If you have $1 000 in bond notes sitting in your bank account, the real value of your money in dollar terms is not
US$1 000, but anything between US$500 and US$650. While you were in bank queues, the other $350 to $500 has vanished into thin air.
Candid Comment Brezhnev Malaba
There is a common myth in Zimbabwe that when lightning strikes a place, it is bound to return with a vengeance for a second bite of the cherry. Lightning, according to folklore, does not strike once.
If 2008 symbolises the first lightning strike, then 2017 may very well be the second bolt. These are turbulent times for ordinary Zimbabweans. From the comfort of the Reserve Bank — the country’s tallest ivory tower — monetary officials are still peddling the idea that the bond note and the US dollar are at parity.
Not so long ago, some politicians were gloating that the bond note is Africa’s strongest currency. Where are we now?
The rally we have witnessed on the Zimbabwe Stock Exchange in recent months has been interpreted in all sorts of ways by different economists and market commentators.
One obvious factor behind the bull market is the fact that in this country today, there are not many investment options. With the bond note losing value in a frightening manner, what hope is there for someone whose money is stuck in a bank account?
Let us imagine for a moment that you have $200 000 in bond notes sitting in your account. You can either sit back and accept the meagre $50 weekly withdrawal limit set by your bank or seriously explore ways of preserving the value of your hard-earned money.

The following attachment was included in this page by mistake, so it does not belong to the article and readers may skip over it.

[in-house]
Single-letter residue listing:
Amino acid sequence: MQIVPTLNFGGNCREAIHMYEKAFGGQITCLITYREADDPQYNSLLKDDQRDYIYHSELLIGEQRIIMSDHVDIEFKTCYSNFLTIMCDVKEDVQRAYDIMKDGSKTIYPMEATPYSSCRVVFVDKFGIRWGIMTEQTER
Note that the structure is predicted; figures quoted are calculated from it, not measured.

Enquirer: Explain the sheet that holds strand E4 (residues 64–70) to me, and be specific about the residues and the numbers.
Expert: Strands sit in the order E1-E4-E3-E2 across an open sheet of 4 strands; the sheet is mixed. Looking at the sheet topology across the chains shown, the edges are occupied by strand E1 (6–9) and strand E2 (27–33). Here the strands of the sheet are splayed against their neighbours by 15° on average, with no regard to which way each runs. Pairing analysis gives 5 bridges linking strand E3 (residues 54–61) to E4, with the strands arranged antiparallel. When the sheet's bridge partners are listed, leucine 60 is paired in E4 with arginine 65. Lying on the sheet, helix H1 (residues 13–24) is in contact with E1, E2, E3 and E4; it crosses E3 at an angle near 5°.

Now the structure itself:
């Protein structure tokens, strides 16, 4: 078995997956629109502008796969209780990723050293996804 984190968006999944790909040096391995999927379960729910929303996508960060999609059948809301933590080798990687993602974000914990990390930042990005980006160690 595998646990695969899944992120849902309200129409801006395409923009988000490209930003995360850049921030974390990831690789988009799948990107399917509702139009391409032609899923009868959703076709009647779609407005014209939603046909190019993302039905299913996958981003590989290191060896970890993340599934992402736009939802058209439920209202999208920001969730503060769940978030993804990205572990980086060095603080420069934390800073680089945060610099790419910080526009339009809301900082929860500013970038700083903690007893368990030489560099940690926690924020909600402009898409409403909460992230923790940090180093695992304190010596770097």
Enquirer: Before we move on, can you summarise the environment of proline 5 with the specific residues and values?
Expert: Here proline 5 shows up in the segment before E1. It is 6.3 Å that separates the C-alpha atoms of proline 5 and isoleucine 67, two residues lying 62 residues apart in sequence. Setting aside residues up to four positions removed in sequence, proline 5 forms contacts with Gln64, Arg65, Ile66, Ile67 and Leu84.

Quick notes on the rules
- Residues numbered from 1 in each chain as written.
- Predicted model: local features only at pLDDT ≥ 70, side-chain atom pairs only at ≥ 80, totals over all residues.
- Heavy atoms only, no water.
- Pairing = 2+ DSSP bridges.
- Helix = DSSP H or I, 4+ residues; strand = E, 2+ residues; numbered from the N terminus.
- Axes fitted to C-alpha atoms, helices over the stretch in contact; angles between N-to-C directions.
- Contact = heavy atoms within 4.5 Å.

One solution for most people who find themselves in such an unpleasant situation these days is to seek refuge in the stock market, preferably through the purchase of fungible stocks. These cross-listed shares — such as Old Mutual — are providing a viable exit strategy to desperate Zimbabweans, whose catastrophic memories of 2008 are still fresh.
This week, I met panicky retailers who told me shocking stories about the blood-curdling nightmares that make it impossible to enjoy a good night’s sleep. Picture this: you are operating a chain of stores selling imported goods.
To re-stock, you must have foreign currency, in the form of either the rand or US dollars. How on earth will you lay your hands on this scarce forex? The black market seems to be your best bet, considering that the central bank is unable to allocate forex to every company that applies for it.
Once a company sources forex on the black market, which comes at a hefty premium, it becomes inevitable that the cost will be passed on to consumers. Such a retailer will soon find it suicidal to accept payment from the public in bond notes. This explains the three-tier or four-tier pricing system that has been adopted by retailers as a survival strategy.
As more and more retailers reject bond notes, we can expect the value of what began as an “export incentive” to continue sliding. The tragedy in all this is that there is no solution in sight from the authorities. Lightning is about to strike twice.